During the June war itself, Hussein, alongside Nasser, was one of the two authors of the so-called 'Big Lie' - the claim that Israel had been assisted in defeating the Arabs by British and American air forces. Although by the end of June 1967, the King had to admit on American television that there was 'no evidence whatsoever' that the British and Americans had been involved in the Israeli attack, blaming the misunderstanding on 'some radar sightings of aircraft that were appearing from the sea', the damage in terms of Arab public opinion had already been done. (6) It was not until September 1970, with his successful crackdown on the PLO guerrilla forces based in Jordan, and his repulsion of the simultaneous Syrian invasion, that the king's relations with Washington were really fully repaired. Even then, the unwillingness of the Nixon administration to put pressure on Israel to give ground in the covert peace negotiations Hussein had been pursuing since the 1967 war remained a source of tension in bilateral relations.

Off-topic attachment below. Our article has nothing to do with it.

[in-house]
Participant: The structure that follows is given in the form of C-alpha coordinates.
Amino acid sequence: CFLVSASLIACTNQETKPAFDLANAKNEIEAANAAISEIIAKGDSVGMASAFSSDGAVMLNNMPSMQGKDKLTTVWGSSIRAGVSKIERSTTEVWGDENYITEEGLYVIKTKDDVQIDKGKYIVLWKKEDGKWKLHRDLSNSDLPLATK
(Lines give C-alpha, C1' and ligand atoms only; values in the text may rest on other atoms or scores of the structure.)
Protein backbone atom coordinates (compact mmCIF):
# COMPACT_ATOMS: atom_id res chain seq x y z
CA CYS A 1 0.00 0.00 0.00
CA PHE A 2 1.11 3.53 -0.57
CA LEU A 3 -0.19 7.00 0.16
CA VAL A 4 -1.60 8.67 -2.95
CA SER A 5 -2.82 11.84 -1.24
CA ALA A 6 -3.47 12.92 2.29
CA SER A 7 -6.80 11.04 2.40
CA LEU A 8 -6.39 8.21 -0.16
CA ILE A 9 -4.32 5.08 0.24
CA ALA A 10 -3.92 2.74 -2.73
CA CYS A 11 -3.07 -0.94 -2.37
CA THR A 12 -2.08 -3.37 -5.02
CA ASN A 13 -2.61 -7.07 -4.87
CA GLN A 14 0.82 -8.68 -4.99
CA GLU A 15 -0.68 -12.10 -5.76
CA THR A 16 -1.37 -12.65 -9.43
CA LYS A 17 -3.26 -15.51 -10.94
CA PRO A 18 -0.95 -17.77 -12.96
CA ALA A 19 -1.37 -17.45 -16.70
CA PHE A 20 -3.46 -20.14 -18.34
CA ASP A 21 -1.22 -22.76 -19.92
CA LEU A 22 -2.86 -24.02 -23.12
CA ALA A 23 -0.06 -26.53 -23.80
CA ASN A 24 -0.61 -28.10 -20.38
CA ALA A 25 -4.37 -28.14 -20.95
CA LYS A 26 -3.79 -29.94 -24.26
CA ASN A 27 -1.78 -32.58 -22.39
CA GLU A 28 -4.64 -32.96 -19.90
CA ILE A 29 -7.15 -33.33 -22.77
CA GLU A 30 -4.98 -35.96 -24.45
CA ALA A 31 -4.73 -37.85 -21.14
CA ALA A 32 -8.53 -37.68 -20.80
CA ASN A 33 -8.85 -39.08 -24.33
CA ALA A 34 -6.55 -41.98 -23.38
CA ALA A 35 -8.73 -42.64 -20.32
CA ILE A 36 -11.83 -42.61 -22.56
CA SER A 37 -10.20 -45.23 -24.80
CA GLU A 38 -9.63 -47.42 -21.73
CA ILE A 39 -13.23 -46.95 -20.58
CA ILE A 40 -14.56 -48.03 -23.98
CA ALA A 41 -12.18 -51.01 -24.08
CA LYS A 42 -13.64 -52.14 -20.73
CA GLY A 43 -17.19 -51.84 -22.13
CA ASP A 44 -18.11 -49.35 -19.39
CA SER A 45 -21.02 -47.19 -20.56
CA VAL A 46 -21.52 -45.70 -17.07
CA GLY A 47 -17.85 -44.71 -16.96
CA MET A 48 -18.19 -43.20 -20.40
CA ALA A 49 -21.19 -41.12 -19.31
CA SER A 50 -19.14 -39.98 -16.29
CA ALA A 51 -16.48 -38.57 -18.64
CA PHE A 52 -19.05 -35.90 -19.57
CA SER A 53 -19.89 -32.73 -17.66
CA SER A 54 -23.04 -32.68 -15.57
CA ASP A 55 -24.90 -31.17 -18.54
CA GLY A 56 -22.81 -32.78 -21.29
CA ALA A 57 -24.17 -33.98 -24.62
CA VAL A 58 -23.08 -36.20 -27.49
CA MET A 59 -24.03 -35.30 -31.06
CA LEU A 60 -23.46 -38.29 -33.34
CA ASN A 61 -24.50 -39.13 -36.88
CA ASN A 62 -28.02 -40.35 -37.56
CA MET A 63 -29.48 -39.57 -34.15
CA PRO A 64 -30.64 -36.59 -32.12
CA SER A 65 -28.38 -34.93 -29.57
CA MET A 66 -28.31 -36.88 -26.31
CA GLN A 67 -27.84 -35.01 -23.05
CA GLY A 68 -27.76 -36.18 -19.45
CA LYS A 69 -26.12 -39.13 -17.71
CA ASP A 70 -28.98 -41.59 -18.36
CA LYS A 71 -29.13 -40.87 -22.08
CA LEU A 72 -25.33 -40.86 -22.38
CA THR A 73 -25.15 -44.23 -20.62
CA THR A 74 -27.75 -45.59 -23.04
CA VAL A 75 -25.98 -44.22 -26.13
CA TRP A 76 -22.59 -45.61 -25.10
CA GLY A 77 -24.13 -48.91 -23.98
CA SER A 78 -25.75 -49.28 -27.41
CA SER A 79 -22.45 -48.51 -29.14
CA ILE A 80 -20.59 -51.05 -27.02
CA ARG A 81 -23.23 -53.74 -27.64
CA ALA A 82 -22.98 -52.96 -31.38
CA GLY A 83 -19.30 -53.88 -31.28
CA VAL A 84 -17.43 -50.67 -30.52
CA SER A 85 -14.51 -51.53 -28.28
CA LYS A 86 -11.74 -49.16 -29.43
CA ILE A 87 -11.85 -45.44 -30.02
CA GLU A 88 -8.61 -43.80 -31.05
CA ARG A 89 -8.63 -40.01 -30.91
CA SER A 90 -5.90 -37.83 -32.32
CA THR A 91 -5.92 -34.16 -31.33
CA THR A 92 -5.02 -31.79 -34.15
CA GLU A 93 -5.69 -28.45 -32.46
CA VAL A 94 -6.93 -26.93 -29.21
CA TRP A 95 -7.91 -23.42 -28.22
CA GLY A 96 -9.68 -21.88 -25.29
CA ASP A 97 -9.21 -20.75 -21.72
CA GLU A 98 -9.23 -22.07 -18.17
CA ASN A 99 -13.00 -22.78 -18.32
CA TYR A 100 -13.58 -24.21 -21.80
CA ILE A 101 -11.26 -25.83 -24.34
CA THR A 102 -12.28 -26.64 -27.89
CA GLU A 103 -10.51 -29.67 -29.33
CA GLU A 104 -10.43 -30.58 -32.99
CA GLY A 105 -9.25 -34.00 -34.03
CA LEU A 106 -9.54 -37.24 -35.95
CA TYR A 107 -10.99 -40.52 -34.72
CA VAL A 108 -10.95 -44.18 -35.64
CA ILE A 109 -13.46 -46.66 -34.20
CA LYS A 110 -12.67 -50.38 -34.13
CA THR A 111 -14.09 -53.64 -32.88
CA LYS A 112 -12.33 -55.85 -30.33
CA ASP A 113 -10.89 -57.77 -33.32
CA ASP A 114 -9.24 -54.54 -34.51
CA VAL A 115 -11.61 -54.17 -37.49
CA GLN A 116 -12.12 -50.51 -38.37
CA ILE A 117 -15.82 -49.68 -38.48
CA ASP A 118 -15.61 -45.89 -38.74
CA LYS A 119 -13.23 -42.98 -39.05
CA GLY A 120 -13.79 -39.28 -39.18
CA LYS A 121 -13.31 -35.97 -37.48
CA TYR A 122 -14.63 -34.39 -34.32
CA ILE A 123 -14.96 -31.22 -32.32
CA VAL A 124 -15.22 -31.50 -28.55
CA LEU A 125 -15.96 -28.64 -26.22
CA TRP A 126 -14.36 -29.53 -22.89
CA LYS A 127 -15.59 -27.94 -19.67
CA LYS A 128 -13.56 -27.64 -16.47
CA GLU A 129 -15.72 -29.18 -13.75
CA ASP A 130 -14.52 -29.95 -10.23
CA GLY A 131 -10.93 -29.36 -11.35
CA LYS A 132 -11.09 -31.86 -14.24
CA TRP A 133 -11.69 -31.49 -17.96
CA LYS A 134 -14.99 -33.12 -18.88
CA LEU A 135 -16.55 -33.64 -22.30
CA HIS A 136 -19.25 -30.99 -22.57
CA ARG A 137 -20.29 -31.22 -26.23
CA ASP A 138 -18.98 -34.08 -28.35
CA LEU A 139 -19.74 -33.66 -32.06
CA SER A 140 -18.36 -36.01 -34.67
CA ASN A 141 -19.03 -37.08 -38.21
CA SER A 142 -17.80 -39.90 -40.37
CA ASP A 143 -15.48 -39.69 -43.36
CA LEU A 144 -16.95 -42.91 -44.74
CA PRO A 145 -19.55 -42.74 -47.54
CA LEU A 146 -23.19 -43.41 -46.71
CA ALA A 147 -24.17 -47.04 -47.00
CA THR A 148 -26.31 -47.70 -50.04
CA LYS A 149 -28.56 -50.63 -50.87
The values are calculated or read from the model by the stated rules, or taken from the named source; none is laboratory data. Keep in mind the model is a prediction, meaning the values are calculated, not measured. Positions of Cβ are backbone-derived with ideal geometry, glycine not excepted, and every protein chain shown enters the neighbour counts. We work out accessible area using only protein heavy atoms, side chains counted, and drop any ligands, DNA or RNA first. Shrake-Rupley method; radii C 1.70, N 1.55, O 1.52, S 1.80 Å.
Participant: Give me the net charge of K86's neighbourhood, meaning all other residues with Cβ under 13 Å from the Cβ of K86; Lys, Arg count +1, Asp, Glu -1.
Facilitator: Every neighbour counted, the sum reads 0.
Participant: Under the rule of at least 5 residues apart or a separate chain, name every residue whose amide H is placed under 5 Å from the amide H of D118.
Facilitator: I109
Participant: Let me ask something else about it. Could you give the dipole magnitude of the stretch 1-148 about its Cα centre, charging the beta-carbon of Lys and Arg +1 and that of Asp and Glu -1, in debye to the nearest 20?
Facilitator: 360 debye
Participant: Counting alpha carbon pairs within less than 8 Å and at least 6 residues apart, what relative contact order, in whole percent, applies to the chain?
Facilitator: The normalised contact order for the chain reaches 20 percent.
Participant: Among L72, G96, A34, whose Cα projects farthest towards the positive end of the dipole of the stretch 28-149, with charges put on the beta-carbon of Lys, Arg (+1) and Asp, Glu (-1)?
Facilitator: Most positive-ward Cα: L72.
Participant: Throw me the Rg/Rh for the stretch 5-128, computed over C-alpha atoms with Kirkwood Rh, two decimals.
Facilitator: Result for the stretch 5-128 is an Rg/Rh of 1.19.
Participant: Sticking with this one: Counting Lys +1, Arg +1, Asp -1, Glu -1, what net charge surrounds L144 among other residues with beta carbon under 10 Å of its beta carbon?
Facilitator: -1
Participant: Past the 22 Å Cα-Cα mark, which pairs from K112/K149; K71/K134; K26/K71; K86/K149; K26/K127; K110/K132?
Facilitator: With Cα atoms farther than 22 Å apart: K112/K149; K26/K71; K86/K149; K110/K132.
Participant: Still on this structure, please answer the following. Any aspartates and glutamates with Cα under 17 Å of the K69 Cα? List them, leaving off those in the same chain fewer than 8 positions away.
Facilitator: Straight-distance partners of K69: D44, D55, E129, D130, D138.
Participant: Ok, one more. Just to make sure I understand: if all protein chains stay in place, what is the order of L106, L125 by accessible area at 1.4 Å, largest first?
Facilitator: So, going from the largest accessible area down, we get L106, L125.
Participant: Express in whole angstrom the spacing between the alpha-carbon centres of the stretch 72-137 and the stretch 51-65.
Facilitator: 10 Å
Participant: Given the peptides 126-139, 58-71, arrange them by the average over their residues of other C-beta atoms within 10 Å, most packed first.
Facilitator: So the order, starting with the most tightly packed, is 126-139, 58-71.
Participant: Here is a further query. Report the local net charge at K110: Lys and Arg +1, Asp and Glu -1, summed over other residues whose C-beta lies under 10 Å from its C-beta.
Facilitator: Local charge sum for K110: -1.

During the run up to the 1973 war Hussein was effectively shut out from the detailed planning conducted by the Egyptian leader Anwar Sadat and the Syrian President Hafez Asad. Nevertheless, his specific warnings about the likely outbreak of war based on his own intelligence sources in Syria were ignored in Washington, London and Jerusalem. In the October war itself, Jordan did not open up a separate front, but did engage its forces to help prevent a collapse on the Syrian front, albeit after due warning to Israel. Hussein reaped little reward for his circumspection in 1973. Between 1978 and 1980 he was effectively bypassed by the Carter administration as it pursued the possibility of a bilateral Egyptian-Israeli peace deal opened up by Sadat's pioneering visit to Jerusalem in November 1977. Sharing his recollections of the Camp David peace process two decades later, Hussein still recalled that 'I was very angry. I really was upset about it . We were never a part of it in Jordan and the Camp David Accords imposed on us in Jordan a role that we had not been consulted about of essentially providing security in the West Bank with joint patrols and this and that and the other but without even having a say in it'. (7) Hussein's refusal in the wake of the November 1978 Arab summit in Baghdad to join the Camp David process led to a serious rupture in his relations with the Carter administration. In his memoirs, Carter noted that 'all of us were angered when Hussein subsequently became a spokesman for the most radical Arabs'. (8) According to the then Jordanian prime minister, Mudar Badran, the king received a personal, hand-written letter from Carter in which the president warned him of the potential dangers to his position if he did not sign up to the Camp David accords. (9) The implied threat was clear. US-Jordanian relations were only subsequently salvaged by events beyond the control of either party in the shape of the fall of the Shah of Iran and the Soviet invasion of Afghanistan in 1979. According to National Security Adviser Zbigniew Brzezinski, 'despite our differences over Camp David and the King's ill-advised intemperance earlier this year, the fundamental relationship is very important to US interests'. (10) This at any rate illustrated that interdependence was one of the characteristics of the king's relations with the United States during the Cold War.